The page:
Appeal from the Circuit Court of Kane County. No. 09-CF-873 Honorable T. Jordan Gallagher, Judge, Presiding.
The opinion of the court was delivered by: Justice Bowman
JUSTICE BOWMAN delivered the judgment of the court, with opinion. Justices Hutchinson and Zenoff concurred in the judgment and opinion.
¶ 1 Defendant, John C. Armbrust, was charged with harassment by telephone (720 ILCS 135/1-1(2) (West 2008)). Defendant successfully moved to exclude evidence of the content of the alleged harassing phone call on the basis that it was obtained in violation of the eavesdropping statute (720 ILCS 5/14-2 (West 2008)). The State appeals. For the reasons that follow, we reverse and remand.
¶ 3 Defendant was charged with one count of harassment by telephone for calling his estranged wife and threatening to kill her. Defendant filed a motion in limine, seeking, among other things, to exclude evidence of the phone call's content. According to defendant's motion, defendant's wife placed the phone call on her cell phone's speakerphone so that her friend could hear the conversation and thus changed the device from a phone to an eavesdropping device. The trial court agreed, finding that a speakerphone is a separate device from a cell phone, even if they are contained in the same unit.
¶ 4 The State filed a certificate of impairment and timely appealed.
¶ 6 On appeal, the State contends that the trial court erred in granting defendant's motion, because defendant failed to demonstrate that a speakerphone is an eavesdropping device under the eavesdropping statute. Generally, we review a trial court's decision on a motion in limine for an abuse of discretion; however, where, as in this case, the only issue before the court involves a question of law, the standard of review is de novo. People v. Larsen, 323 Ill. App. 3d 1022, 1026 (2001). The eavesdropping statute provides that a person commits eavesdropping when he "[k]nowingly and intentionally uses an eavesdropping device for the purpose of hearing or recording all or any part of any conversation or intercepts, retains, or transcribes electronic communication." 720 ILCS 5/14-2(a)(1) (West 2008). An eavesdropping device is defined as follows:
"An eavesdropping device is any device capable of being used to hear or record oral conversation or intercept, retain, or transcribe electronic communications whether such conversation or electronic communication is conducted in person, by telephone, or by any other means; Provided, however, that this definition shall not include devices used for the restoration of the deaf or hard-of-hearing to normal or partial hearing." 720 ILCS 5/14-1(a) (West 2008).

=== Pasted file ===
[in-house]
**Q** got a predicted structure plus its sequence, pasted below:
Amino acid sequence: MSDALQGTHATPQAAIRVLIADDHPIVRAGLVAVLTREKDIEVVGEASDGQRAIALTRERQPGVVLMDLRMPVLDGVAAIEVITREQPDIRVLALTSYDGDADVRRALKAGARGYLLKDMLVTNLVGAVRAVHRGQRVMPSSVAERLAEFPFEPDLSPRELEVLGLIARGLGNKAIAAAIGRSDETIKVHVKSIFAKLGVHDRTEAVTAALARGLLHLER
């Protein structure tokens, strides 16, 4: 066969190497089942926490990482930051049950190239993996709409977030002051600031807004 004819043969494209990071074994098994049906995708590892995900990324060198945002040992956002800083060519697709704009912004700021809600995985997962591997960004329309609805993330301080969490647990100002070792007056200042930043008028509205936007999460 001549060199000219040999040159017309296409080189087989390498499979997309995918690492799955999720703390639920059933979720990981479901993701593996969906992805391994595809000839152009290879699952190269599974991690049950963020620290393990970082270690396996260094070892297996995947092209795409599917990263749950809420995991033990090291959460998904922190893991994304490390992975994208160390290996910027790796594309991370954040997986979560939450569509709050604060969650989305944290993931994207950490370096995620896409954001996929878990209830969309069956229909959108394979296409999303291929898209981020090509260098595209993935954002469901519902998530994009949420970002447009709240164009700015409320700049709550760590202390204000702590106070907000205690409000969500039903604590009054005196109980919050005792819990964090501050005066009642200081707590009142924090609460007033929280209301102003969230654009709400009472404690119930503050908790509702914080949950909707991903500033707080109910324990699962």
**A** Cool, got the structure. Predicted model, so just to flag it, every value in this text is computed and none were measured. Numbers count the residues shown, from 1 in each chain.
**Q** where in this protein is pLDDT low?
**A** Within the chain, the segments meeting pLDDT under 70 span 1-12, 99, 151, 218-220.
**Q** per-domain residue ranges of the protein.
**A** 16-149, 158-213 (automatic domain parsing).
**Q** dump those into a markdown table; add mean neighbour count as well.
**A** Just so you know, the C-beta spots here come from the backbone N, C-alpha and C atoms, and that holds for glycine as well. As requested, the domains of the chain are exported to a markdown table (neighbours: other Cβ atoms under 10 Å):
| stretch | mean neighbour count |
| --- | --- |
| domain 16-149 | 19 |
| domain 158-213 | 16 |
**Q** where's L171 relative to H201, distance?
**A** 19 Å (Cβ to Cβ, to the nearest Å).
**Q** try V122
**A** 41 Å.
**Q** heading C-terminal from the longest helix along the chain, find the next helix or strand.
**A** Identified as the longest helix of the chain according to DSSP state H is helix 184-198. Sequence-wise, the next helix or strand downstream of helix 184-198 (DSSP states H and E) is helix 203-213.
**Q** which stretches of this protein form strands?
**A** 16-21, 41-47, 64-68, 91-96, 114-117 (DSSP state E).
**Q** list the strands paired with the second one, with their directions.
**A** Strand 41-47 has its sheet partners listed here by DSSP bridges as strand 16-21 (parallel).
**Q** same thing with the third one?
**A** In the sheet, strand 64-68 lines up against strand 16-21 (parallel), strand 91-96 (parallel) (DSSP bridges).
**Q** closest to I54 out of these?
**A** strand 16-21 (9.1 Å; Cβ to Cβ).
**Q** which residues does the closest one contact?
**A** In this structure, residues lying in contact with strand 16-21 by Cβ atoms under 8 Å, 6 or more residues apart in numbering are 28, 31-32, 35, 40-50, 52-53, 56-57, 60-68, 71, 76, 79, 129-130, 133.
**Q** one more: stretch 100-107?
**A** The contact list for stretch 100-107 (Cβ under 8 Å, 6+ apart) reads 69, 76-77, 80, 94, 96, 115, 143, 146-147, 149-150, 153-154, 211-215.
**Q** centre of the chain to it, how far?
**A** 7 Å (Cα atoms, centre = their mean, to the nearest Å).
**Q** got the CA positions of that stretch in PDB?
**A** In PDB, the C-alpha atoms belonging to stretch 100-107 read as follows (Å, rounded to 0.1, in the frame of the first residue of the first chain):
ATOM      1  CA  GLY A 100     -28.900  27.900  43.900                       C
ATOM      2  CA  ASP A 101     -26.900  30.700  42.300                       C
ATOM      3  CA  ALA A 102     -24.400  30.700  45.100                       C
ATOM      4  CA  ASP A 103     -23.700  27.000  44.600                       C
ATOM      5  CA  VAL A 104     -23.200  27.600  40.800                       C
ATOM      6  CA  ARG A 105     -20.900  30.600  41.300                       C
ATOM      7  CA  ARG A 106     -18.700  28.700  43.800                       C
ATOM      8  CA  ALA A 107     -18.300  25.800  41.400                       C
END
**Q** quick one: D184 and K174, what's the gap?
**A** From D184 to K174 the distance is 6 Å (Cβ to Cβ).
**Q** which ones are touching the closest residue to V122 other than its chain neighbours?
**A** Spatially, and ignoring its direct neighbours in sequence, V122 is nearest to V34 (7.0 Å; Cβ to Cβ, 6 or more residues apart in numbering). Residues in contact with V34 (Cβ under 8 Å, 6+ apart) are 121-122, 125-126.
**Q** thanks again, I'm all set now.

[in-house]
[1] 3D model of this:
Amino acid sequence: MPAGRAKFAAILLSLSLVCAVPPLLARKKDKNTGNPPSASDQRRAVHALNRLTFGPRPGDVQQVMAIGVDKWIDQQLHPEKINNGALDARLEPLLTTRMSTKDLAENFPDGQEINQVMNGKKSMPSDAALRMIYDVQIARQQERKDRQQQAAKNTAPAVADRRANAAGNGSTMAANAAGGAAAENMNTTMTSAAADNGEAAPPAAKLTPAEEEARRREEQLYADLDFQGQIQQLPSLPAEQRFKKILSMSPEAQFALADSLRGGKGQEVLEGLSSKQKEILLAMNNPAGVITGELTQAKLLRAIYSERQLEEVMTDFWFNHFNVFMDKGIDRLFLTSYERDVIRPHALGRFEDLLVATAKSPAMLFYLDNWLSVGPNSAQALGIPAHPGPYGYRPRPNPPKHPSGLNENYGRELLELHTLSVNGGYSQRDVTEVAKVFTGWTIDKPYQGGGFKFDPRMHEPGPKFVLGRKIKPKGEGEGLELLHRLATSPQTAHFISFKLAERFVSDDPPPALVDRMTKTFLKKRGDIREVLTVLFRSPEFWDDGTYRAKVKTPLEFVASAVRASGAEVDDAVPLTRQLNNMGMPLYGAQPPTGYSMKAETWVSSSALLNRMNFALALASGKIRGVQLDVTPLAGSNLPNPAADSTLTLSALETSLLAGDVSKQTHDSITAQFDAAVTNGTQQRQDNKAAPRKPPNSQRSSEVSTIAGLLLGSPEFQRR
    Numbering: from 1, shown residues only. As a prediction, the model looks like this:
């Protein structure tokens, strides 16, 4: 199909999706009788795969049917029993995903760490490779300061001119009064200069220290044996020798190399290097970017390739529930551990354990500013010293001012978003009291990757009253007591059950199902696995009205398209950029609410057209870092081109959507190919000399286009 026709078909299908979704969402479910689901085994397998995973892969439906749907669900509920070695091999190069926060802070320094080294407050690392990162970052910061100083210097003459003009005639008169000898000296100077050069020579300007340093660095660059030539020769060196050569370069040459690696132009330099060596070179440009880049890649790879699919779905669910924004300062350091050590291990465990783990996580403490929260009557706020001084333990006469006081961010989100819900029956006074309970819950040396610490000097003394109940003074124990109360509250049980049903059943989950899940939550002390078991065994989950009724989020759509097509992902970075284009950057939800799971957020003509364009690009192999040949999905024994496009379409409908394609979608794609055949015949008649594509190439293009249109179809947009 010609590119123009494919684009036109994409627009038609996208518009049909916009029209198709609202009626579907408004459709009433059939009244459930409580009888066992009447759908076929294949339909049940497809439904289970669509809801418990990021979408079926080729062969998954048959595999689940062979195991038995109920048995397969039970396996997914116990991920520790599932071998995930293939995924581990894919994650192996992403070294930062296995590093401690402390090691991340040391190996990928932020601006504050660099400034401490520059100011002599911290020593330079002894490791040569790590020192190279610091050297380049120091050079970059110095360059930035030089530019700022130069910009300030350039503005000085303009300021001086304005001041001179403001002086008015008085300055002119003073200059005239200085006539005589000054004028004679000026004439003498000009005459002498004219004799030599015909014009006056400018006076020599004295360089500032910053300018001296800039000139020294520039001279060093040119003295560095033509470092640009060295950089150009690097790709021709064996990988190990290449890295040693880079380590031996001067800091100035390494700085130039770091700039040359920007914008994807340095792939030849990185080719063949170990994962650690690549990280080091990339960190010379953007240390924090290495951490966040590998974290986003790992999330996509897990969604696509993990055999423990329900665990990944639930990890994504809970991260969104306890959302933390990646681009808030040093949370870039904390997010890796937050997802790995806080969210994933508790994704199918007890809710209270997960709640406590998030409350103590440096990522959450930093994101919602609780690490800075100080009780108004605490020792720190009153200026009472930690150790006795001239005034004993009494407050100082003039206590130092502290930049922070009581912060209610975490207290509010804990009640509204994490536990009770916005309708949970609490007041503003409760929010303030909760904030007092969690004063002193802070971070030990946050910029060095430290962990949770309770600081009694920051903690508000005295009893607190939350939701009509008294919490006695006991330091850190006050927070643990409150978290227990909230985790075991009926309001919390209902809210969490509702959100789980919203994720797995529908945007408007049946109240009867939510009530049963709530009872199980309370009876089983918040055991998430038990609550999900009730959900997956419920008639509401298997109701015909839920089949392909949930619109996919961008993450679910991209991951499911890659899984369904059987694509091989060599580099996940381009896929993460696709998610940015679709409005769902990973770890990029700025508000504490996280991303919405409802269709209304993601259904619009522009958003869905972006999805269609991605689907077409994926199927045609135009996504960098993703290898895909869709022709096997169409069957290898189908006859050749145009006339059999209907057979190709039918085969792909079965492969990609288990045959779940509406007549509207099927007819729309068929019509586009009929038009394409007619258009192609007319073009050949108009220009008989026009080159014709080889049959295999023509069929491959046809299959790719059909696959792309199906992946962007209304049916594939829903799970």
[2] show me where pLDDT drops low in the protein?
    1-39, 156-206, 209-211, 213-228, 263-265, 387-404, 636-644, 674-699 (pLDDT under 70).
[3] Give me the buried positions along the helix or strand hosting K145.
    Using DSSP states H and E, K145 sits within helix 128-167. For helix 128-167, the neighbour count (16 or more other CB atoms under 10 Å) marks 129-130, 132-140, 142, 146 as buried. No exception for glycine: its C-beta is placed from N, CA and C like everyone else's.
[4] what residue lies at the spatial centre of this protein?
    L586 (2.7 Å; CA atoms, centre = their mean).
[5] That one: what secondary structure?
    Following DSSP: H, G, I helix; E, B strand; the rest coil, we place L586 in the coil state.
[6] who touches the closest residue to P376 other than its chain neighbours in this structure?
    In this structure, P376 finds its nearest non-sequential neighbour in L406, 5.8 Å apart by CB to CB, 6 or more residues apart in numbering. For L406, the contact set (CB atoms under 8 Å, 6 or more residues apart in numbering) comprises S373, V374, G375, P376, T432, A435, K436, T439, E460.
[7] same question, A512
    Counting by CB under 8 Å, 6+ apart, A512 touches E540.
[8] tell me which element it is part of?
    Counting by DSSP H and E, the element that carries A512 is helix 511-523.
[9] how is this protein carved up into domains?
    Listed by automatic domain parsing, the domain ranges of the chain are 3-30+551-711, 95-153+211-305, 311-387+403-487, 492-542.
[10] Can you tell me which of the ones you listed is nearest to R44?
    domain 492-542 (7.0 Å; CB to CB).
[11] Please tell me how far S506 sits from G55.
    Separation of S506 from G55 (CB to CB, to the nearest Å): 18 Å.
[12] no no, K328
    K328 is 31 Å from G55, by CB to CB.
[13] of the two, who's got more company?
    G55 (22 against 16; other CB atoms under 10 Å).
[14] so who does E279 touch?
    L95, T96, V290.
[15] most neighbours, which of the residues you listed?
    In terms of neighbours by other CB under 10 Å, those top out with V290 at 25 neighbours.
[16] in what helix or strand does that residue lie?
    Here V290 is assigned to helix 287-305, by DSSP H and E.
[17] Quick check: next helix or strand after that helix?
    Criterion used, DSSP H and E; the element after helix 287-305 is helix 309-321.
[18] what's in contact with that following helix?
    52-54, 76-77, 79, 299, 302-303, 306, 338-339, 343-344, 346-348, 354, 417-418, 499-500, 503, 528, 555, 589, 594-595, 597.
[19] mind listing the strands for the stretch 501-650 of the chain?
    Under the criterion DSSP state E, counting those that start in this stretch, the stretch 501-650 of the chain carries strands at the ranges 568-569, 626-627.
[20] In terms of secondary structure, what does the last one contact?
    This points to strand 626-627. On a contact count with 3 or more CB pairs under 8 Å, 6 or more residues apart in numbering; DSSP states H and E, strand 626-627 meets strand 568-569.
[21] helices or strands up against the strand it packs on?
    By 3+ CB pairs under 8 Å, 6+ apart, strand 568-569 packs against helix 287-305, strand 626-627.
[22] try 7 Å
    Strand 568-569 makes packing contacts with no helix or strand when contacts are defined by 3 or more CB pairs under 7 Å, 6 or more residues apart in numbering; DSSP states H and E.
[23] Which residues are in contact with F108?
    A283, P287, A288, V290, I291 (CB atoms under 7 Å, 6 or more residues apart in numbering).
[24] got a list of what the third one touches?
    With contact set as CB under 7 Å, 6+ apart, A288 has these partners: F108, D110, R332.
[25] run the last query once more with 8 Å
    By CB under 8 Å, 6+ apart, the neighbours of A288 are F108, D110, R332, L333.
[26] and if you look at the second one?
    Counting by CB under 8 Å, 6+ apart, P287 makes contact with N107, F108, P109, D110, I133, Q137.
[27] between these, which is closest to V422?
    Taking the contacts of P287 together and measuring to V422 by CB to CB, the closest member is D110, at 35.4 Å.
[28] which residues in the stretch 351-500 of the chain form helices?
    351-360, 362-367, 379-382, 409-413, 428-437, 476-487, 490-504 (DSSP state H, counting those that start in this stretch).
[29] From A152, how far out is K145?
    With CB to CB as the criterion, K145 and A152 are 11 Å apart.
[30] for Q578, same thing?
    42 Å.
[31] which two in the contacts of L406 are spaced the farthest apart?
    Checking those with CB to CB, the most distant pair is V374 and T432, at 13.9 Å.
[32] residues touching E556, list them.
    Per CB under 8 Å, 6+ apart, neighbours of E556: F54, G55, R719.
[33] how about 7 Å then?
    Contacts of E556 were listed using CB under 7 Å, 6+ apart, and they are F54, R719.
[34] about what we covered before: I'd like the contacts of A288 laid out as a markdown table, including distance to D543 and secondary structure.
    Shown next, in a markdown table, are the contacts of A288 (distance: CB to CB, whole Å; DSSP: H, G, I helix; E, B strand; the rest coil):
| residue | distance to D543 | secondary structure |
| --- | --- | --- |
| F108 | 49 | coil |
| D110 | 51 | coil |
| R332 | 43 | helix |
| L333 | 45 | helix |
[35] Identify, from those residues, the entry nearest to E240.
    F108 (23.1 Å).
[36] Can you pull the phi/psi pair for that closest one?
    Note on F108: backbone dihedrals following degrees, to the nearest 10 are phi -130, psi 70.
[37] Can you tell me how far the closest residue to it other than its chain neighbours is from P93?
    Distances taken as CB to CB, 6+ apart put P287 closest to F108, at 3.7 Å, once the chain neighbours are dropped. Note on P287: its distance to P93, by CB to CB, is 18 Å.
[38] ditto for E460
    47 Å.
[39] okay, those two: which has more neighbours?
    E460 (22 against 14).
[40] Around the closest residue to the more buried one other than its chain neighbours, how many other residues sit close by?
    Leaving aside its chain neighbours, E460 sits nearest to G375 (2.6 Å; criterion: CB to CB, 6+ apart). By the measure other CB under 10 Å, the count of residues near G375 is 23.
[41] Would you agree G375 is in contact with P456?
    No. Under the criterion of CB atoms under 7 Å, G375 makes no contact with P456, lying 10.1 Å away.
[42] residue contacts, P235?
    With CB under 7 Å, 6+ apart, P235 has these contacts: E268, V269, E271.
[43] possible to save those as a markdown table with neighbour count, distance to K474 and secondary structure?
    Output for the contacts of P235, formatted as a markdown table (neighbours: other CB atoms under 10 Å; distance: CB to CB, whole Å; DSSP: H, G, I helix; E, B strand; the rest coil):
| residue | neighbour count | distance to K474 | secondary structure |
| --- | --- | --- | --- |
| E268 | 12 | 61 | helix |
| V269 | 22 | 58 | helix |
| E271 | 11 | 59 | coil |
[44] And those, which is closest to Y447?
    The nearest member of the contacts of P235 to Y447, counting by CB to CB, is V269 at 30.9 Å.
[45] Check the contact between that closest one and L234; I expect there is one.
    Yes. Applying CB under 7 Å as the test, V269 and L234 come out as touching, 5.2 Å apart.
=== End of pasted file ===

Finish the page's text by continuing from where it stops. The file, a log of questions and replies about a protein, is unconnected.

Any evidence obtained in violation of this statute is inadmissible in civil or criminal proceedings. 720 ILCS 5/14-5 (West 2008).
¶ 7 Based on existing case law, we conclude that the use of the speakerphone feature on a cell phone does not transform the cell phone into an eavesdropping device under the statute. It is well recognized that a phone does not constitute an eavesdropping device unless it has been altered in such a manner that it can no longer perform its customary functions of transmitting and receiving sounds. People v. Gervasi, 89 Ill. 2d 522, 526-27 (1982). Accordingly, an unaltered phone is not considered an eavesdropping device, even where the receiver is tilted so that another person may listen in or a person listens on an extension. People v. Shinkle, 128 Ill. 2d 480, 489 (1989) (where an officer listened on an extension with his hand covering the mouthpiece, the phone was not transformed into an eavesdropping device because the officer's hand did nothing to alter the phone's ability to transmit sound); People v. Gaines, 88 Ill. 2d 342, 363 (1981) (a phone was not an eavesdropping device where an officer listened on an extension, because the eavesdropping statute is not directed at phones that have not been functionally altered); People v. Bennett, 120 Ill. App. 3d 144, 149 (1983) (a switchboard was not an eavesdropping device because it could transmit messages); People v. Petrus, 98 Ill. App. 3d 514, 517 (1981) (a phone was not considered an eavesdropping device where the receiver was held so that both the officer and the informant could hear what the defendant was saying). The addition of a separate device to a phone to allow others to hear, however, does convert the phone into an eavesdropping device. See People v. Perez, 92 Ill. App. 2d 366, 372-73 (1968) (apparatus that screwed onto the phone receiver to allow others to hear constituted an eavesdropping device).